Booklover’s Guide to Choosing a Good Book to Read
There are approximately 134,021,533 books on the planet, and the number is steadily increasing. In the United States alone, between 600,000 and 1,000,000 novels are published each year, not to mention the rest of the world. Furthermore, the average lifespan is barely 70 years. So, whether or not you're a voracious reader, you'll only scrape the surface of human creativity and understanding. In that situation, you simply cannot afford to squander your time reading useless publications.
There's no denying the importance of reading: it informs, inspires, entertains, and so much more. But, with thousands of books produced every week, how does a reader (particularly one who is new to reading) choose which one to read?
Know what you want to achieve.
What motivates you to read? Is that for your own personal development or entertainment? Choose novels based on it. But it’s not wise to read only fictions as they’re not going to make you smarter. The busier you get, you need to minimize things that waste your time, and if you spend six hours reading a book that did nothing more than entertain, you just wasted six hours. Try the books which are intellectually stimulating too. In that case try to apply the skills in the book soon.
How to Choose a Good Book to Read
Read the Works of Your Favorited Authors
If you're having trouble picking what to read, this is one of the most straightforward options.
Why don't you finish reading your favourite author's work if you haven't already? Alternatively, if you've previously done so, look for an author among your top fives whose work piques your interest during this era of your life.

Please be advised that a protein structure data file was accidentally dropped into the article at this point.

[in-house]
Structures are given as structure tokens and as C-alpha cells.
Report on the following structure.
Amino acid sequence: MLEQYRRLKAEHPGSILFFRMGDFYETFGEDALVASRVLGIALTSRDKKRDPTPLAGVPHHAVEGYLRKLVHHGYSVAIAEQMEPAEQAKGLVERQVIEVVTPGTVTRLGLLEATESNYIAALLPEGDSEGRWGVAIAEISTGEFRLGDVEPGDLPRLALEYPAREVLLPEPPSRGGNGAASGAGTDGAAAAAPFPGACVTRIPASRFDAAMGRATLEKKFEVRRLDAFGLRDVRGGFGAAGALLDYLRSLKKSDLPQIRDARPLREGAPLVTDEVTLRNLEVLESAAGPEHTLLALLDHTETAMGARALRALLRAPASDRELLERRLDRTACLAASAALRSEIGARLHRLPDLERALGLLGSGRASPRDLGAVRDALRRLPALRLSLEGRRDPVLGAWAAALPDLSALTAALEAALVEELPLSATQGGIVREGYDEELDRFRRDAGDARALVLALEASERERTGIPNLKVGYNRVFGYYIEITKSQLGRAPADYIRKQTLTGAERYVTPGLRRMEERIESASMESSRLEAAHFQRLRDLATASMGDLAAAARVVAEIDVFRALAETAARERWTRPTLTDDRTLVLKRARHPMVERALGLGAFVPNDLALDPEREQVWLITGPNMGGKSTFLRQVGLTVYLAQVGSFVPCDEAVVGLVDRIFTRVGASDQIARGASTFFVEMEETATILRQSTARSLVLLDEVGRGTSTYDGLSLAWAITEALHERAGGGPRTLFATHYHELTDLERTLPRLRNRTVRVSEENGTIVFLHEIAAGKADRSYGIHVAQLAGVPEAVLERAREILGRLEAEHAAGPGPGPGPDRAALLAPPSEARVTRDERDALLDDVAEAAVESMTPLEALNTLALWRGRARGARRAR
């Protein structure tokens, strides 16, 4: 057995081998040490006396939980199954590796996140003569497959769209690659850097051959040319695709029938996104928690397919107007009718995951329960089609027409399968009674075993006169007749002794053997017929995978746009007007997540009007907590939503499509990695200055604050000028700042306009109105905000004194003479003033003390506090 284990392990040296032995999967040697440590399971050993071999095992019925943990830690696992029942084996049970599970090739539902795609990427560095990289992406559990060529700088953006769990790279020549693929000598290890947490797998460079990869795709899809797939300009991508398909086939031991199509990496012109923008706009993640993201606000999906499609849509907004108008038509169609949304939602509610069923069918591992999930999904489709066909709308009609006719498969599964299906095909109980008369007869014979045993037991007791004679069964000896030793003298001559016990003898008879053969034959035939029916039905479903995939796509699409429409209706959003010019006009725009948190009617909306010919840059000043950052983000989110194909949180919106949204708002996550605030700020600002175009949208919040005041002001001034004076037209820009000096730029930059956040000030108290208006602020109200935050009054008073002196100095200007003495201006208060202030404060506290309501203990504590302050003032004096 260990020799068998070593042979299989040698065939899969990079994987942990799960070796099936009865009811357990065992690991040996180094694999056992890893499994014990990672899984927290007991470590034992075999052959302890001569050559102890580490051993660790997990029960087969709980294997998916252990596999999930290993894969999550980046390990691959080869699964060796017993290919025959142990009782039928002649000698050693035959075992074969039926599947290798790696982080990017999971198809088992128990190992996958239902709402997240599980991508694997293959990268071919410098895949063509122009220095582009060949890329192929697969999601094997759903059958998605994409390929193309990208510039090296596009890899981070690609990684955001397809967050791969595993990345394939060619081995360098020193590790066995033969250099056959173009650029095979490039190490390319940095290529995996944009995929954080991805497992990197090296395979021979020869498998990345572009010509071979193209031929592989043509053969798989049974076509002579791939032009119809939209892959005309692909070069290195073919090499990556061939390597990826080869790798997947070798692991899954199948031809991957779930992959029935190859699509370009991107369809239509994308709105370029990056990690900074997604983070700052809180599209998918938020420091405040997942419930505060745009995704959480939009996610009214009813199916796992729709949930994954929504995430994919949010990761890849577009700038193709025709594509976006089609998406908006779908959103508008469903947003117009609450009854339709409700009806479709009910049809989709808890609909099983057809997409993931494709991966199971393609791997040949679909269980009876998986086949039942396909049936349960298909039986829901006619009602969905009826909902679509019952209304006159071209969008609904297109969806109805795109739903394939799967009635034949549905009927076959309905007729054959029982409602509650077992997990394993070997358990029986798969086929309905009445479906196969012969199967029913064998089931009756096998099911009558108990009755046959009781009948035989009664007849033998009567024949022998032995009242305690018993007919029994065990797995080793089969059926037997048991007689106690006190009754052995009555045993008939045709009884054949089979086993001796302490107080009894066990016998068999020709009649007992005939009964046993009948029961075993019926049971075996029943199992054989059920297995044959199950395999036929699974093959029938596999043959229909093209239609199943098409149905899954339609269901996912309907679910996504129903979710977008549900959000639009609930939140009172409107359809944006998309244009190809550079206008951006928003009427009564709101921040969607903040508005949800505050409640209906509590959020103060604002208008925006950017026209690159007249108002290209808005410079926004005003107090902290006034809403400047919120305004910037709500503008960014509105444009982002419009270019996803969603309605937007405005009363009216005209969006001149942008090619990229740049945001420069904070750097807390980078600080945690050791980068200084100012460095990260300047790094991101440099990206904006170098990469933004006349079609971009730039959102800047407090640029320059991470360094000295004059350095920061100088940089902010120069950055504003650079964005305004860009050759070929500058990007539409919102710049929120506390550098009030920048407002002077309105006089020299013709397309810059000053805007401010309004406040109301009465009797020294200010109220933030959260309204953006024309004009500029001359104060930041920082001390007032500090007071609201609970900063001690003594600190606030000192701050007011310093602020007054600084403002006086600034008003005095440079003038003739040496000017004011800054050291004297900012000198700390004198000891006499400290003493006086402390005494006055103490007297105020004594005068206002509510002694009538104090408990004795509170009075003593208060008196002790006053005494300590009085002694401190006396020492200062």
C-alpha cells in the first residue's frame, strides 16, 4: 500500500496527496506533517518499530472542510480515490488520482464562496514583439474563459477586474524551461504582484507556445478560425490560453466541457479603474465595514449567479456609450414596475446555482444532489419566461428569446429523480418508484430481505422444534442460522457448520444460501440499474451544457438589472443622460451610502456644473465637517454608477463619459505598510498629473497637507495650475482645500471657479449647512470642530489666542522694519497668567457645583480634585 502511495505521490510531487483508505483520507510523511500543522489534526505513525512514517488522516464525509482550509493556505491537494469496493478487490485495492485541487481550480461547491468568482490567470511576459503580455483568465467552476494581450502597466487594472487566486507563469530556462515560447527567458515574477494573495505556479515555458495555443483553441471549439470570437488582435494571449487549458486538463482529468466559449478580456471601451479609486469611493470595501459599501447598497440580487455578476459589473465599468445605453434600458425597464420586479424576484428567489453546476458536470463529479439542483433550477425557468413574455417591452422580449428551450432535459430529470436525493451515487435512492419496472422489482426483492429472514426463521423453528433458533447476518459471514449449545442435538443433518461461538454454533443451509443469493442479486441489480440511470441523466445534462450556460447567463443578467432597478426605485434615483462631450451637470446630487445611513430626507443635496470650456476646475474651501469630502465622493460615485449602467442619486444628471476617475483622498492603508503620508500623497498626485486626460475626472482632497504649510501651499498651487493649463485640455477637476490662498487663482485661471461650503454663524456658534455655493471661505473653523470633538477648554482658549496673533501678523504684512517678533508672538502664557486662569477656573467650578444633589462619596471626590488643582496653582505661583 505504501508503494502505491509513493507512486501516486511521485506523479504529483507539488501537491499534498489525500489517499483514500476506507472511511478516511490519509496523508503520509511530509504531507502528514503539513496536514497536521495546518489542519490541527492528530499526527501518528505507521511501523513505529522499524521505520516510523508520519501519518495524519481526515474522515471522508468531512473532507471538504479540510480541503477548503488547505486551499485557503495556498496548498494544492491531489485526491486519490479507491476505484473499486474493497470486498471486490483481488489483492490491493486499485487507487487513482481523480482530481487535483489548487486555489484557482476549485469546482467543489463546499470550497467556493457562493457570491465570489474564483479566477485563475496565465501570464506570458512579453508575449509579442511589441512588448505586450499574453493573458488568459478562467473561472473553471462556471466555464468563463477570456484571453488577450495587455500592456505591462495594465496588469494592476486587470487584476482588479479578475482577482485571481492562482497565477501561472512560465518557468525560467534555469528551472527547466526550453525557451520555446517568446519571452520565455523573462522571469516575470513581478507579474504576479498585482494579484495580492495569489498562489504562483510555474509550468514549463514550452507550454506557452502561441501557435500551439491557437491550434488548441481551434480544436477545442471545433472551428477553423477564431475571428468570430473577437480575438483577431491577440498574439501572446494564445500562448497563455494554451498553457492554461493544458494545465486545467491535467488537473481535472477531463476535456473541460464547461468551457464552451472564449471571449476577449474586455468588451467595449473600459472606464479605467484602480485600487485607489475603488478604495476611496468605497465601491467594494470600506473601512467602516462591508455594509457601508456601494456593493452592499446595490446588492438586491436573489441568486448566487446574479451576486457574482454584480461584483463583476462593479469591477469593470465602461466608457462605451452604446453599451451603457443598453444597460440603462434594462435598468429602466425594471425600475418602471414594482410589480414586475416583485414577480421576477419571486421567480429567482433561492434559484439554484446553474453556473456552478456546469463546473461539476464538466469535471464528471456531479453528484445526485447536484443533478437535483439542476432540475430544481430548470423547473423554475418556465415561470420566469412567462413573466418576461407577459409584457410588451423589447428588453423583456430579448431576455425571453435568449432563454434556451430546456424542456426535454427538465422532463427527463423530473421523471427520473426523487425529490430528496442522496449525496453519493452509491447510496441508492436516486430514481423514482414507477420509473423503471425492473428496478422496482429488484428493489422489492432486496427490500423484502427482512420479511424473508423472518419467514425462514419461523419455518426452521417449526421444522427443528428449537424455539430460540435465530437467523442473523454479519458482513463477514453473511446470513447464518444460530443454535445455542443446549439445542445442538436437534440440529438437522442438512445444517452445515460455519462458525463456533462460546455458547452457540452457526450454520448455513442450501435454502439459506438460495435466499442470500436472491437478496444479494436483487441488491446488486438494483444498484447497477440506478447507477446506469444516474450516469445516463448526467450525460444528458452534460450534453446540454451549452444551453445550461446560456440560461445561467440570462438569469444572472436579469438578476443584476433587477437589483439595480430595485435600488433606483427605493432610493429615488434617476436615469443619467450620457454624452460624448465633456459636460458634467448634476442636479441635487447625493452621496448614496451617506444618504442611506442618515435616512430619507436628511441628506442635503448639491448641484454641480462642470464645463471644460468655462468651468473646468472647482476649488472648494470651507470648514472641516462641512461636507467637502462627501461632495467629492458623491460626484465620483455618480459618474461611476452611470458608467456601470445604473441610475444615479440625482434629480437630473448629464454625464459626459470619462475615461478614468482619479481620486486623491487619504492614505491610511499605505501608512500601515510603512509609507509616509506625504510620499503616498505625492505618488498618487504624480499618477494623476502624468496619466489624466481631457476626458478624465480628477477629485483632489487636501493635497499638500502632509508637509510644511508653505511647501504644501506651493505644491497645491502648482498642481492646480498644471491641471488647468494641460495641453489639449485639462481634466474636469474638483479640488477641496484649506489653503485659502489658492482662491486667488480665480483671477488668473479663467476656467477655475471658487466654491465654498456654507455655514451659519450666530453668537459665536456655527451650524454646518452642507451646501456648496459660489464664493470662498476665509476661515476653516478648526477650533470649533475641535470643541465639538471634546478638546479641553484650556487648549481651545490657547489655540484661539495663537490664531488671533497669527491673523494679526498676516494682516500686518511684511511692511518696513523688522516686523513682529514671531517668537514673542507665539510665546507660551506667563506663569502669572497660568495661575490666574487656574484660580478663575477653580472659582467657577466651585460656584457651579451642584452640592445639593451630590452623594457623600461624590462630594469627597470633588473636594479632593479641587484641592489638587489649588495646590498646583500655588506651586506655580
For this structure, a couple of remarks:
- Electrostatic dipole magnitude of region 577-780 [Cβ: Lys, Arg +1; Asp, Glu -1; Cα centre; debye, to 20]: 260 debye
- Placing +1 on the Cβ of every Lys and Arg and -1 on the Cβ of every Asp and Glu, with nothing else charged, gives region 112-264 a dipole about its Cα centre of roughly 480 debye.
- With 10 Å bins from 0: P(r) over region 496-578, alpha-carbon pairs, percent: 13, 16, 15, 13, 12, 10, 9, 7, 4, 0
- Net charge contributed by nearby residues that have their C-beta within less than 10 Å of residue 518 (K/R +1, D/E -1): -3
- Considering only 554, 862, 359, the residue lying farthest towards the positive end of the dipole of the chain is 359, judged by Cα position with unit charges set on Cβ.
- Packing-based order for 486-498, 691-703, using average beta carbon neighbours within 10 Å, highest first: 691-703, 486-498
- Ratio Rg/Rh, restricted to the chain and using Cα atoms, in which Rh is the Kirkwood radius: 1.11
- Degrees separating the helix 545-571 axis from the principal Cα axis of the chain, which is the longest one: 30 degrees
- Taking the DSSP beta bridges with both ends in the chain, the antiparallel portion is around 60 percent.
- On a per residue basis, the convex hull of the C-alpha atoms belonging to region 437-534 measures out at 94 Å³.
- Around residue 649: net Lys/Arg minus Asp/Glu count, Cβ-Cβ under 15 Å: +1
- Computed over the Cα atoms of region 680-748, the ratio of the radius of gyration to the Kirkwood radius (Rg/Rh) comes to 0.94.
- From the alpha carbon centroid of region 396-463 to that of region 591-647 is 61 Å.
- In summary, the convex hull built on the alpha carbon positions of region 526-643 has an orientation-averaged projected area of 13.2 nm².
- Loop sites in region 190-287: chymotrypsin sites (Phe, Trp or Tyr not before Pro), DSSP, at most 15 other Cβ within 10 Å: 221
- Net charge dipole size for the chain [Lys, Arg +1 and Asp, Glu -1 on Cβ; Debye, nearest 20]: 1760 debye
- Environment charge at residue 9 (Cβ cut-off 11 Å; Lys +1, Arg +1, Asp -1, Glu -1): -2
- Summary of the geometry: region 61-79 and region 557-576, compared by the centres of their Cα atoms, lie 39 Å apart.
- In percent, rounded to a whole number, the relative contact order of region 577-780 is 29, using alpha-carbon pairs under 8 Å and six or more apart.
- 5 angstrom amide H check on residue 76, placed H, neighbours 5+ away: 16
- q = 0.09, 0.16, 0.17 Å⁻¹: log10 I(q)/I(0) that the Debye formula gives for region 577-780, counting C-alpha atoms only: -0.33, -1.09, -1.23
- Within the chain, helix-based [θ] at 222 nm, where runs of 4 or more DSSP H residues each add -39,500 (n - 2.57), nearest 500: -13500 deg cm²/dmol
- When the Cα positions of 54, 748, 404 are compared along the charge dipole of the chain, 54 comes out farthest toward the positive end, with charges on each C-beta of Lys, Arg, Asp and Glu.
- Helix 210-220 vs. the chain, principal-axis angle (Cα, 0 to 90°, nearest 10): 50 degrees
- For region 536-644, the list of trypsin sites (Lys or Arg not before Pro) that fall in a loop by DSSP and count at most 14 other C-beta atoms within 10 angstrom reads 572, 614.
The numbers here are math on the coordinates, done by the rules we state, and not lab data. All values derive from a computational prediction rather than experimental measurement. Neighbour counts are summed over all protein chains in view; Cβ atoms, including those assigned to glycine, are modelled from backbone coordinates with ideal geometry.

During a holiday, you should try out this this reading technique. In order to improve your book-reading habit, you should decide to focus on the works of your favourite author.
Reading another one of your favorite author’s works piques your interest and piques your excitement since you are able to truly comprehend the writer's style and tone; which, if you are a writer, may be good for your own writing.
It's likely that you'll love another book by an author with whom you're already familiar and who writes in a style you like. The risk is negligible.
People you know would appreciate it if you lend them books.
This may appear to be illogical and unimportant. However, if you gift someone books you believe they'll enjoy, they may return the favour when they find something that suits your preferences. Other people may see you in a different light than you do, giving them a new perspective on what you would love.
The same is true when it comes to book recommendations. For example, because you write so much about books, you get regular emails suggesting novels to read next, which frequently alerts you to books you might not have discovered otherwise.
Make a reading list for yourself.
Do you have any sort of reading list? It doesn't have to be something elaborate, like Rory Gilmore's ultimate reading list; it might just be a list of 5–10 novels you'd want to read but aren't sure about.
Thinking about how relevant the book you'll read will be to you in that particular period of time; by taking note of your mood, stress levels, level of busyness, areas of curiosity and interest in that particular period of your life; is one of the strategies you can use to choose a book from your reading list.